Conclusions About Ancient Greek Philosophy
As one can see, the philosophy and culture of ancient Greece has much in common with our modern world. We have our Stoics; we have our Epicureans; and we certainly have our Cynics.

Although the masses undoubtedly cowered in the shadow of the powerful and unpredictable Olympian gods, the educated and the elite of Grecian society debated and philosophized on the existence of the gods, the nature of reality, and what constituted the ethical life. And even though many of the philosophers doubted and ridiculed the existence of the Olympian gods, they nevertheless maintained the social customs involving temple sacrifices, for those customs were not seen as simply “religious.” They were seen as part of the societal fabric that held their culture together. For many of the Greek philosophers, “the gods” might not be real, but religious observances were just good societal traditions that helped the cohesiveness of society.

In that respect, ancient Greek culture was very much like our culture today.  Indeed, this is one of the points I will be making throughout these “Worldview and Western Culture” posts. If you just take a little bit of time to understand some of the basic concepts of philosophy, and if you think about the issues and beliefs that a culture like ancient Greece, you will soon see that many of the issues we are dealing with today are the same issues they were dealing with then, be it political, religious, or moral. And although it might seem tedious to spend time getting a handle on these old philosophers, by the time we get through all this, I believe you will see just how much we can learn from them. Not only that, I also believe you will come to see much more clearly the various contentious and controversial issues that challenge our current society.

In my next post, I will look at ancient Rome.

The Ways of the Worldviews (Part 4): Classical Greek Philosophy: Aristotle–Finding the Universals in the Particulars

The Ways of the Worldviews (Part 4): Classical Greek Philosophy: Aristotle–Finding the Universals in the Particulars

The AcademyAristotle was Plato’s student, just as Plato had been the student of Socrates (He’s the guy in in blue, in the middle of the picture, pointing downwards). Yet, even though he was originally a disciple of Plato (the guy on the left, pointing upwards), he ended up disagreeing with Plato on the most fundamental of philosophical issues. Not only did he split from Plato, he actually founded a rival school in 335 BC to Plato’s Academy, named The Lyceum. Aristotle is also famous for being the tutor of Alexander the Great.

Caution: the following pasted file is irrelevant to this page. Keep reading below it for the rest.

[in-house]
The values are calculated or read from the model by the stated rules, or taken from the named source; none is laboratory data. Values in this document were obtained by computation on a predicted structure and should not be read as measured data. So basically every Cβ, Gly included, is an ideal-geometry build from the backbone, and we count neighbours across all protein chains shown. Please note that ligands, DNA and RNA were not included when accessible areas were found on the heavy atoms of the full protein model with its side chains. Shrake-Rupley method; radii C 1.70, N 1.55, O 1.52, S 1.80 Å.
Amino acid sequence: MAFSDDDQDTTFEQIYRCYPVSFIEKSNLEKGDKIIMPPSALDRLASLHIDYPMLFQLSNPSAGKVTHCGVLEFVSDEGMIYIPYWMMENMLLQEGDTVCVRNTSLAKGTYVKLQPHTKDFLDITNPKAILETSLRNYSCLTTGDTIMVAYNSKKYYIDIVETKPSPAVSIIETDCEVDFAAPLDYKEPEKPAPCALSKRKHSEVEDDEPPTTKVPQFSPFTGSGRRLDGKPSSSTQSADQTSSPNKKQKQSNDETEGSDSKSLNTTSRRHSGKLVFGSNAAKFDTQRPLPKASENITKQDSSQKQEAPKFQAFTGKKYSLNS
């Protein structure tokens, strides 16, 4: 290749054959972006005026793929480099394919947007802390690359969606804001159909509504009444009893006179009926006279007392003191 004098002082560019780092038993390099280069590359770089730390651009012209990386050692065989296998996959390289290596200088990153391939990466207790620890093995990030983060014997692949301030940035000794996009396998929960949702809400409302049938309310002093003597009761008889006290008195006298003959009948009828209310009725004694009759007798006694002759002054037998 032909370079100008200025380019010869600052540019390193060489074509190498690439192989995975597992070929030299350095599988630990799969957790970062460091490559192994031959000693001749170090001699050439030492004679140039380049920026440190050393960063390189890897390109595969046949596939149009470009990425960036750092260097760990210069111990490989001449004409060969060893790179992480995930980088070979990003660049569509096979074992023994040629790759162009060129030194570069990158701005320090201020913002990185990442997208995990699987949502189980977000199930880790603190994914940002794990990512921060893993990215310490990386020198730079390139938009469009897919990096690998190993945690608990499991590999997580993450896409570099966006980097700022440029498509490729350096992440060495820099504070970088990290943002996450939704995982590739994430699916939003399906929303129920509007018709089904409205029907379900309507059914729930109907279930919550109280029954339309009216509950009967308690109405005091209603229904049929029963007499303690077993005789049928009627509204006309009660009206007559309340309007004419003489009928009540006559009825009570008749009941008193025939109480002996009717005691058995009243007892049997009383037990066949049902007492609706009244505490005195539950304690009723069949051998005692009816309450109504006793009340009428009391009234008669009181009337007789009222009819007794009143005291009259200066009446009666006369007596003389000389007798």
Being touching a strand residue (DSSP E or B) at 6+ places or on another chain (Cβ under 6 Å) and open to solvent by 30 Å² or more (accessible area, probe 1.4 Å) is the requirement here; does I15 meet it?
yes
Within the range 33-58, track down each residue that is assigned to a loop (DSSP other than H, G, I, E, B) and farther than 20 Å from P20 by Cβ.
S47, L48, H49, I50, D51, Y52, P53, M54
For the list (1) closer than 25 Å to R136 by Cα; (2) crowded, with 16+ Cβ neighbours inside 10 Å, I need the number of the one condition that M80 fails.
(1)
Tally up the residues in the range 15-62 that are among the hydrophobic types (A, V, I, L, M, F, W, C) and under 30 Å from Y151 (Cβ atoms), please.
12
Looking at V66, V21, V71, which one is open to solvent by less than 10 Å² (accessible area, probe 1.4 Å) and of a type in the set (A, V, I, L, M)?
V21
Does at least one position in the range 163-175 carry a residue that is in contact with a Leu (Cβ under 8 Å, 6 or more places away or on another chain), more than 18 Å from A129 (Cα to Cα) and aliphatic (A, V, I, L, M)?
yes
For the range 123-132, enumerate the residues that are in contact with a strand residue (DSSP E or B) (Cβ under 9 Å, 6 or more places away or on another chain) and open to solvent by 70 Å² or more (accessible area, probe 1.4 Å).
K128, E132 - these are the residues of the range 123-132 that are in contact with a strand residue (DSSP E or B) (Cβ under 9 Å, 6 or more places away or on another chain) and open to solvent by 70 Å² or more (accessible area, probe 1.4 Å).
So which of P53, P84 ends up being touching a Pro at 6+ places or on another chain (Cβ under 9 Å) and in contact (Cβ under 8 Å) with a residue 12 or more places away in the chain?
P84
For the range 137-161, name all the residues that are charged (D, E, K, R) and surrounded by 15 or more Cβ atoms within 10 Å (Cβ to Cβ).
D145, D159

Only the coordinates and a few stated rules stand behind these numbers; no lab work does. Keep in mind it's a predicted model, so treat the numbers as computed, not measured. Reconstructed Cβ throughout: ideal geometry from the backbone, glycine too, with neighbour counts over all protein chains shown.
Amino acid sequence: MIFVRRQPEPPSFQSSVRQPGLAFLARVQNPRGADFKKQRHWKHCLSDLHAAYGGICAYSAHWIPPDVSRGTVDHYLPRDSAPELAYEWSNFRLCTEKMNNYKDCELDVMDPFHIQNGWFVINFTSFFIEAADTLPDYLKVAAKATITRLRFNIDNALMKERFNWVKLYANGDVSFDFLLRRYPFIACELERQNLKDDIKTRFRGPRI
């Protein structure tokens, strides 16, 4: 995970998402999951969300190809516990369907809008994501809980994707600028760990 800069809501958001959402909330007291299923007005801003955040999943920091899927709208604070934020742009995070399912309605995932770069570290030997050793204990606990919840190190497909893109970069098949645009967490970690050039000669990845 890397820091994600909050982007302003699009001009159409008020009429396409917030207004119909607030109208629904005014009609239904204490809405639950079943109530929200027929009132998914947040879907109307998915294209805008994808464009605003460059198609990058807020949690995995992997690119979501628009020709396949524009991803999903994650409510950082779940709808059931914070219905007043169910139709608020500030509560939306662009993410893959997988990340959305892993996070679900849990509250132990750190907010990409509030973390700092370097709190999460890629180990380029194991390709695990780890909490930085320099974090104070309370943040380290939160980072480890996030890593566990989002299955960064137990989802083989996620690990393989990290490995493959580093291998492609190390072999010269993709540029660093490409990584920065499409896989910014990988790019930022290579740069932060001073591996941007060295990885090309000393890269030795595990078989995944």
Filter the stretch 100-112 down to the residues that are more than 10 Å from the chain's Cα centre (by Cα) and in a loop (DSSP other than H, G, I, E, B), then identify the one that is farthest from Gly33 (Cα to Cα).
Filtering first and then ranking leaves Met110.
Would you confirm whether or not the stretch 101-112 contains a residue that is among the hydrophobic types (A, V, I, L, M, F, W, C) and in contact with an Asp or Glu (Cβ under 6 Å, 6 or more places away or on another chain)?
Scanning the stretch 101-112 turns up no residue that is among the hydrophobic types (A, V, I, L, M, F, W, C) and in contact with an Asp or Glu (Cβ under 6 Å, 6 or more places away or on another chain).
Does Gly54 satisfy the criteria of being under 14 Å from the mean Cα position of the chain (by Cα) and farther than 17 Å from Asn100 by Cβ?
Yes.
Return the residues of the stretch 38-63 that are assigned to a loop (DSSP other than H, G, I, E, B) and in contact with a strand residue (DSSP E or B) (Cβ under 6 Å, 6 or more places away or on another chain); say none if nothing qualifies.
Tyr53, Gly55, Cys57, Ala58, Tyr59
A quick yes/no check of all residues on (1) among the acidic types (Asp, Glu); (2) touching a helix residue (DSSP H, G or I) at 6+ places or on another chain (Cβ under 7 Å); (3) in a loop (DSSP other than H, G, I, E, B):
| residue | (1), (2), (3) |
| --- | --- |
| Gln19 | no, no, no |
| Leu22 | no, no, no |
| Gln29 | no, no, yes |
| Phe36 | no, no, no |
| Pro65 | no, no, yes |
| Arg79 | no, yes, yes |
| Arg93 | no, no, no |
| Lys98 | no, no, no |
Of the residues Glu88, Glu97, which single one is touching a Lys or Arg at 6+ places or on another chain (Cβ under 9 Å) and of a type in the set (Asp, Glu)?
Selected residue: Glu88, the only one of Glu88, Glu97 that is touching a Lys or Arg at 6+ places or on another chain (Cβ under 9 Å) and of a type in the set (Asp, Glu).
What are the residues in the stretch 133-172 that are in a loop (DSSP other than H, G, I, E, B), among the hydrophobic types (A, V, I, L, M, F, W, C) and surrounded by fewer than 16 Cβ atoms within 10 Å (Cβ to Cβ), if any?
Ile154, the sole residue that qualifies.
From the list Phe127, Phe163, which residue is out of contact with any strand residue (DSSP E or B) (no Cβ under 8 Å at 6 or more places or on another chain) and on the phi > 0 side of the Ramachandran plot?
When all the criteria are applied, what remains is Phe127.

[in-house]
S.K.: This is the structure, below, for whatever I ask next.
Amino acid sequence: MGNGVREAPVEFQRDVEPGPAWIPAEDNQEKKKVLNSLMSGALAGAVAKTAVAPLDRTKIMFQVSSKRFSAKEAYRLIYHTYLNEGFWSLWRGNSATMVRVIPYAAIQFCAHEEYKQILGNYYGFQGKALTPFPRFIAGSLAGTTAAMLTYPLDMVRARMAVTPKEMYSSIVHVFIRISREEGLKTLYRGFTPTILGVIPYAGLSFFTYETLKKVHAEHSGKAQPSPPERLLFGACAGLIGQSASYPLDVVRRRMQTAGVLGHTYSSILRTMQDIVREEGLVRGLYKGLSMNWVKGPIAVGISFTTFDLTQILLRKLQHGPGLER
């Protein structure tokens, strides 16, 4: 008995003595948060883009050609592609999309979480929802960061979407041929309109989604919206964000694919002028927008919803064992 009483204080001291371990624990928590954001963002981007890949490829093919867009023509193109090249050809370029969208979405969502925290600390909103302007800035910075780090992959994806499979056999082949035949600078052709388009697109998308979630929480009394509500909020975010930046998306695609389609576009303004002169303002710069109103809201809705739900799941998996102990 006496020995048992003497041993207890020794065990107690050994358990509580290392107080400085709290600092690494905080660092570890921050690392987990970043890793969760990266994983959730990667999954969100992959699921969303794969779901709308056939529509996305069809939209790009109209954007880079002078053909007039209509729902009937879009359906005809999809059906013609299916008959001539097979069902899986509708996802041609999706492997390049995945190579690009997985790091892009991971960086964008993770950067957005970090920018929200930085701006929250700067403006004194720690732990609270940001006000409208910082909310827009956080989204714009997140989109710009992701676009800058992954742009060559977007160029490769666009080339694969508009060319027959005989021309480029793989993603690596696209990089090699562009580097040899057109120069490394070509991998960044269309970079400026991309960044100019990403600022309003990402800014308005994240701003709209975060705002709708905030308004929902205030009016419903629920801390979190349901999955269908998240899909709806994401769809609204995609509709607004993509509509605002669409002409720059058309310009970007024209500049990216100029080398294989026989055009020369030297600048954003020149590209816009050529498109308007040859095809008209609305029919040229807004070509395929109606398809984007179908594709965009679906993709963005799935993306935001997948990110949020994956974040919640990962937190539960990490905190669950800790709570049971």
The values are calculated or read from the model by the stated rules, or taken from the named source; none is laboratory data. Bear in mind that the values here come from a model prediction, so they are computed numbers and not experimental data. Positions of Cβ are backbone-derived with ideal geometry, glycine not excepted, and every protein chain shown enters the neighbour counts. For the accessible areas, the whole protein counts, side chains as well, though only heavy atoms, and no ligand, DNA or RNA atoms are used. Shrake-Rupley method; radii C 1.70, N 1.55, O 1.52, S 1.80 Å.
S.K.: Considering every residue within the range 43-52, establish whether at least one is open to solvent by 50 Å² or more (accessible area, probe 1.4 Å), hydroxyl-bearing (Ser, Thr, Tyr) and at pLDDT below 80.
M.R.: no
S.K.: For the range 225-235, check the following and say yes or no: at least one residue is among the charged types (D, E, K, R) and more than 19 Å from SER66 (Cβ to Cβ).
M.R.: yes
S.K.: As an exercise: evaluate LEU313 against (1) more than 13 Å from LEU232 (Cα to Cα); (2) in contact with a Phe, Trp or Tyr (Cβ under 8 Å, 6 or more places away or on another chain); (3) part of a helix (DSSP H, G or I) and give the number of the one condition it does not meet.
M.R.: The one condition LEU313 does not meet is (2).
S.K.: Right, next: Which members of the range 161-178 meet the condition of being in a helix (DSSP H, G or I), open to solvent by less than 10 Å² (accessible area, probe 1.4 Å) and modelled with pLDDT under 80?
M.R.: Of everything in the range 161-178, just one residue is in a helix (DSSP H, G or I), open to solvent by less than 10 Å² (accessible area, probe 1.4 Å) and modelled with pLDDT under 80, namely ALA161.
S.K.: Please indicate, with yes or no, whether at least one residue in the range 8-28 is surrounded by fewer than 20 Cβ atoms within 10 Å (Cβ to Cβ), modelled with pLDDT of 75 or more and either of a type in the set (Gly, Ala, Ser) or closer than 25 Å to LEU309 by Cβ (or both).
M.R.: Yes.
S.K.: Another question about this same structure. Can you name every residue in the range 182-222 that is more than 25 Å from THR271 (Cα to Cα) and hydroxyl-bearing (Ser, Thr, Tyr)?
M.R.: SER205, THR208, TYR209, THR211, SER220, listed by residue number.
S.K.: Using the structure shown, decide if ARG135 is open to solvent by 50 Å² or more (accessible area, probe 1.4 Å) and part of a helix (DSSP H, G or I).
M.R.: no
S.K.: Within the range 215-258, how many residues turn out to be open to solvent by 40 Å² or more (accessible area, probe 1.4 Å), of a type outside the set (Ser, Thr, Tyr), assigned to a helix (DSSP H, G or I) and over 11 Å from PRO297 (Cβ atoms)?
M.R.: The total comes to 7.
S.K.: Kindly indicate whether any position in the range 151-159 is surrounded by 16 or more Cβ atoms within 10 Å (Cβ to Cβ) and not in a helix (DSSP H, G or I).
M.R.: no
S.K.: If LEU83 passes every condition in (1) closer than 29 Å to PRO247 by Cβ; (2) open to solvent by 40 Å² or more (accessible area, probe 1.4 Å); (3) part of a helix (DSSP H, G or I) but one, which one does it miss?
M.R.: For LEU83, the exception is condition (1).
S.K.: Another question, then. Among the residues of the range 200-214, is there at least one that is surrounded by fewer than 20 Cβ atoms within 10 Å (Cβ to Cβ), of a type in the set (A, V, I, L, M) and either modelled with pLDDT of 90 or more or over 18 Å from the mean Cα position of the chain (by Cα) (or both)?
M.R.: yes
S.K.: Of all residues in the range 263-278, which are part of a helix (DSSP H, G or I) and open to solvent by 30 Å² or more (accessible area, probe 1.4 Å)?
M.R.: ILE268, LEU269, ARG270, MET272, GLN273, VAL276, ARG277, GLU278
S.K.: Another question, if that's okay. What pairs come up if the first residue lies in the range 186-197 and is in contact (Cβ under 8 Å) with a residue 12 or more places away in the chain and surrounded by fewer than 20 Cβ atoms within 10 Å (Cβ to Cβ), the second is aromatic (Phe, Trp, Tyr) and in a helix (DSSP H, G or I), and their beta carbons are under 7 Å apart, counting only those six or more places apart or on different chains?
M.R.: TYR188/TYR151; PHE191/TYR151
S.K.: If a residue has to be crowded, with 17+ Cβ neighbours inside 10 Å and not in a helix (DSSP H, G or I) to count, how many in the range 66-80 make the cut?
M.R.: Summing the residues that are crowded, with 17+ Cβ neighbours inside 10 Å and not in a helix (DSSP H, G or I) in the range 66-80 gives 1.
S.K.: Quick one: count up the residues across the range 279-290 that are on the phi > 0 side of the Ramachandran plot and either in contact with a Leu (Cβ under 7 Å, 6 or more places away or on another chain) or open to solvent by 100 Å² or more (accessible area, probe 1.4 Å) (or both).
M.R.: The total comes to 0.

Universals vs. Particulars
Whereas Plato believed that there was essentially a “split reality” (the world of universal, unchanging forms vs. this world of ever-changing and imperfect particulars), Aristotle taught that the forms are not in some other, higher, perfect dimension or world. Rather, they are found within the present, particular objects all around us. “Ultimate reality” is to be found within the particulars, not is some other world of unchanging forms. This view obviously had implications for how one views God. Aristotle described God as “thought thinking itself,” or as “the unmoved mover.” Rather than having perfection as being as “other-worldly” reality that must be imposed on this imperfect world, Aristotle argued, essentially, that the “seeds of perfection,” if you will, are to be found within this imperfect world, and are to be cultivated so they can grow to their fullness.

Therefore, whereas Plato preferred essentially a dictatorship of a philosopher-king to govern society, Aristotle preferred a democracy in which citizens could devote all their time to contemplating philosophy and virtue, and having a say in how society should be governed. One could understand why the two men had their views: Plato actually witnessed the shortcomings and destruction of the Athenian democracy, whereas Aristotle wasn’t even born yet. Instead, Aristotle witnessed the rise of King Philip the Macedonian.